Kong is a band that refuses to be pigeonholed; just as you think you’ve got what they are about, they change. Often the changes are quite small – a slightly different rhythm or addition of a sound effect or sample – but the compound effect is to leave the listener ever so slightly off balance.
You could say the sound is rock or metal (there are certainly heavy guitars, bass and drums – but no vocals on any of the 12 tracks); then again it has moments of punk and doom; and it makes wide use of samples and electronica. It’s heavy, avant-garde and decidedly tricky to pin down.
Originally formed in 1988, the Dutch band has seen various line-up changes over the years, released six albums and been involved in various other compilations. In 2000, after 12 years as a going concern, they entered a hiatus that was to last until 2007 when bassist Mark D decided to reform the band with a new set of musicians. “What It Seems Is What You Get” is a product of that line-up.
Released on the Kongenial label, it’s an album that has been around for some time now; but despite that it’s still a contemporary piece of work. It is individual enough not to be tied to a particular fashion, and left-field enough to be surprising and original.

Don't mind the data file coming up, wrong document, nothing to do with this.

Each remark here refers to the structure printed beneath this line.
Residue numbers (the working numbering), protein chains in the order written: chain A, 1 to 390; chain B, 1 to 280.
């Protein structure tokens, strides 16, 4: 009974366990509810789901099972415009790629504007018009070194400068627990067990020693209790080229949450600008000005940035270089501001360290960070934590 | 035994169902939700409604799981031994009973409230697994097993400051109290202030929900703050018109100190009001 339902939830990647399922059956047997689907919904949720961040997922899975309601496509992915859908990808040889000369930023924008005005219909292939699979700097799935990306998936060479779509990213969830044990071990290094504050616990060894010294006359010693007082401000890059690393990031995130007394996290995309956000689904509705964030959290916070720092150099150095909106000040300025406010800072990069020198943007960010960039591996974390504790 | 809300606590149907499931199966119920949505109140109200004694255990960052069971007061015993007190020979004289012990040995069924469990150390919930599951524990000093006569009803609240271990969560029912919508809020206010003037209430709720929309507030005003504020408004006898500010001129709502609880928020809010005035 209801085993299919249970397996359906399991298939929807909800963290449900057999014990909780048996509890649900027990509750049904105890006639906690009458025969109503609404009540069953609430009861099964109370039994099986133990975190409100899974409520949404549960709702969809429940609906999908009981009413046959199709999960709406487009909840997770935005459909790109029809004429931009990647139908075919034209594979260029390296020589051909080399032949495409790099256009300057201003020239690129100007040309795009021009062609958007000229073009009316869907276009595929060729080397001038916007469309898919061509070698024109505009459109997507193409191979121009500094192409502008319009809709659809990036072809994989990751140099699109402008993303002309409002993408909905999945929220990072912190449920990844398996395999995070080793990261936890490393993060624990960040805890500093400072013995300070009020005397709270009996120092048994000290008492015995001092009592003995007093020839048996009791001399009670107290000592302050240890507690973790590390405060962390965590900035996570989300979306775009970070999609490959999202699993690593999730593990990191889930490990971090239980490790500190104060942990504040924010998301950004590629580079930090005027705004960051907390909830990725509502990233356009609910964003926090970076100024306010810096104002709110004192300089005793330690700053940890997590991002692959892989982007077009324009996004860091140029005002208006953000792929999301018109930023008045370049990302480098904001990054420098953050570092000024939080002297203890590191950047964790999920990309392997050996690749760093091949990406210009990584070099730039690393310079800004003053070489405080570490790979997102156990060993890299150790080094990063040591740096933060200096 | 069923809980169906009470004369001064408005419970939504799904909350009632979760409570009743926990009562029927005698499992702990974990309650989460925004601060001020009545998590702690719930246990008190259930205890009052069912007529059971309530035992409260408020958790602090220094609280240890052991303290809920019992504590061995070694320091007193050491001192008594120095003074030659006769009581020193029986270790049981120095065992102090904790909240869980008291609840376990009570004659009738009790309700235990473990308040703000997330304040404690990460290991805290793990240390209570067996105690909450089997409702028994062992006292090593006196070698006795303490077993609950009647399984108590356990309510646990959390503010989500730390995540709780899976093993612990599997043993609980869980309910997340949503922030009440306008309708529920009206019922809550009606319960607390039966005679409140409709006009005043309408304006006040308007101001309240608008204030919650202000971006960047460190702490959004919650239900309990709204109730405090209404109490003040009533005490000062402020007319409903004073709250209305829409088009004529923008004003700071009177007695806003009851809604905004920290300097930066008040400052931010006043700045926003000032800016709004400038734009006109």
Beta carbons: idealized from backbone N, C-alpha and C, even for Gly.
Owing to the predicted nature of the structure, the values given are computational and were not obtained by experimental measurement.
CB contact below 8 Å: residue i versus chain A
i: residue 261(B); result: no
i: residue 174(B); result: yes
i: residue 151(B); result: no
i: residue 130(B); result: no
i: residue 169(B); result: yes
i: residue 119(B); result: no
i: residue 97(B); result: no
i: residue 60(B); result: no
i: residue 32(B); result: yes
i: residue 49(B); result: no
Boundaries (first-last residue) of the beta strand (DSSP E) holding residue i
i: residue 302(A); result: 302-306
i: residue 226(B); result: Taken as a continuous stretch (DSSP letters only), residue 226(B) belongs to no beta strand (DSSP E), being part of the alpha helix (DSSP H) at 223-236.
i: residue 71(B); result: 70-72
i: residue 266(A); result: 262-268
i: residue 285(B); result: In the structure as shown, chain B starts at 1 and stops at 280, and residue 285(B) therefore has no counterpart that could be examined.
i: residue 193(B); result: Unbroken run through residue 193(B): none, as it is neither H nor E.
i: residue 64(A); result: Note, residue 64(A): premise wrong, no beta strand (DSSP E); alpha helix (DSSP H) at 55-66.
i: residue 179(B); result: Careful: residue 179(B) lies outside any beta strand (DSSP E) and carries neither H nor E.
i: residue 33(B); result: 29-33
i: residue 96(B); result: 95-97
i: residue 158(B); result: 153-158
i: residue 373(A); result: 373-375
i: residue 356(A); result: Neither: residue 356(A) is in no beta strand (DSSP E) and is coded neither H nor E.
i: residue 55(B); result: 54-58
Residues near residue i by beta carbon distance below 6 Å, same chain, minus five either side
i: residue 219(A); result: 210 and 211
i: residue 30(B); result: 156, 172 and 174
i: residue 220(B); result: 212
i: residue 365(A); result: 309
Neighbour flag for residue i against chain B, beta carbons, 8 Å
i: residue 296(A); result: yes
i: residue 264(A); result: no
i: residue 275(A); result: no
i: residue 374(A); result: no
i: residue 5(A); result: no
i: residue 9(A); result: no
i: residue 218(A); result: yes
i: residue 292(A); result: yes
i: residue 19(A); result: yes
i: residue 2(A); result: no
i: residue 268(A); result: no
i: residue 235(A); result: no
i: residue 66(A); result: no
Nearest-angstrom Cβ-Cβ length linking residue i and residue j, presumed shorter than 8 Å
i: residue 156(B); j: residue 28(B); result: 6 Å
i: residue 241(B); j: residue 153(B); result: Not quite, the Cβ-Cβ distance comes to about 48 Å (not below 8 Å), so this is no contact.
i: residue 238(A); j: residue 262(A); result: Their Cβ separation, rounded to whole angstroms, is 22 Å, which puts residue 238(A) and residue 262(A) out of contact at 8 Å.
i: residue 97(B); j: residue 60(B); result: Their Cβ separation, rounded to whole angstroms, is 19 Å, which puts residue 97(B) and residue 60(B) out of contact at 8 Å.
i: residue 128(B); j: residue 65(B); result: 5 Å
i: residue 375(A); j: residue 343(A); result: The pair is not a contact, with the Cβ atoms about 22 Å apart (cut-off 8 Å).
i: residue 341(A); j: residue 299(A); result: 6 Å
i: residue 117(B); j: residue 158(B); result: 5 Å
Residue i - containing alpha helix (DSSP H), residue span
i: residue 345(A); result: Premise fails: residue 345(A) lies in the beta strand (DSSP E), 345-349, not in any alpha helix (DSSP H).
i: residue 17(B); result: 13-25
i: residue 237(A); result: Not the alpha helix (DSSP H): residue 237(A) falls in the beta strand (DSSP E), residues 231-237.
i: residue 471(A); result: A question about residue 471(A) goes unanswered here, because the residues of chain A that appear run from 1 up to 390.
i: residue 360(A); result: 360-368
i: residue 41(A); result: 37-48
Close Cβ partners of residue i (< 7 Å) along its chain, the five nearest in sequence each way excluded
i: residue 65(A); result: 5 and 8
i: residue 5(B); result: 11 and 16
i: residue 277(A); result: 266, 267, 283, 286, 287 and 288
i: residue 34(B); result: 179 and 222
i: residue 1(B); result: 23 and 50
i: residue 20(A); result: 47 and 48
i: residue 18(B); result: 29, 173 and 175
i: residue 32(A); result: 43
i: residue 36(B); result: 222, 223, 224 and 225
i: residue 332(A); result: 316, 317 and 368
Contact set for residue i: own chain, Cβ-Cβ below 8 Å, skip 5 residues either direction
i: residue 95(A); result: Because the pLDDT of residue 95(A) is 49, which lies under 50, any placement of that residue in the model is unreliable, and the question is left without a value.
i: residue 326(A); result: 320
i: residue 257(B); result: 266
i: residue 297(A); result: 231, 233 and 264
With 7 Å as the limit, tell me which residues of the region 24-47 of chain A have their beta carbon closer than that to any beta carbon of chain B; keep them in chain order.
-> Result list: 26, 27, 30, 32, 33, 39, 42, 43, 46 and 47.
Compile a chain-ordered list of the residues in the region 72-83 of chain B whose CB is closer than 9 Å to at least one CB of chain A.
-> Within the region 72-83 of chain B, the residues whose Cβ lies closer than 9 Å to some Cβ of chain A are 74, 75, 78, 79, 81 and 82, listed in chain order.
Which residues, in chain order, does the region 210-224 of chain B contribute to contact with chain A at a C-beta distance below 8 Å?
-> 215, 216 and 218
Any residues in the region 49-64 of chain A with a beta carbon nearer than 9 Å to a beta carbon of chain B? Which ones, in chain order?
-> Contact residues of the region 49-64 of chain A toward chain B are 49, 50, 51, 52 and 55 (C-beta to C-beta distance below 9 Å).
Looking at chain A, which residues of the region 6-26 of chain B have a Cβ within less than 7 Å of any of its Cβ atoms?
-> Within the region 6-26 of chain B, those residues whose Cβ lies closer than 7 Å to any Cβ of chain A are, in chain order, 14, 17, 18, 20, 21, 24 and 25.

Kong has made a live habit of occupying separate corners of concert halls, producing a sound that their website describes as ‘three-dimensional’ and a ‘”moving” soundscape’. Inevitably that method of playing must have had an impact on the band, with each musician effectively in their own little bubble. Indeed, a song like “The Imposter Syndrome” has a complexity of composition which suggests a band that, while not exactly at odds with one another, is quite happy to occupy their own space musically. The good news is that it works well as a whole, with each part coalescing into an integrated song structure. It’s also one of the album’s more restrained songs, with a slightly unusual time signature, that finishes with lush, sweeping strings.
With heaviness as the unifying thread, the other songs offer a variety of styles and methods of delivery: “Overcrowd/Underdog” sounds like a dance beat with an excellent driving guitar riff and bass line, while “Tenfold Right” – given vocals and slightly different production – has something of The Cult about it, swaggering and swaying as it does, demanding that you tap your feet. “Musclebound Elf” uses a heavy riff underpinned by electronic sounds and a quite unlikely vocal sample; it changes tempo mid-way and makes use of some twin guitar harmonies before segueing into another great riff. “Factorum Inconstantum” is doom metal interspersed with ambient sections, making use of a quiet/loud dynamic.
Kong is clearly a band in search of original ways of doing things, of sounds that will add colour and interest to their music. It is a method that produces continual interest for the listener, and a style that rewards repeated listening. “What It Seems Is What You Get” is named well, provided that what it seems to the listener is something a little out of the ordinary. If heavy, original and off the wall is your thing, then Kong could well be the band for you.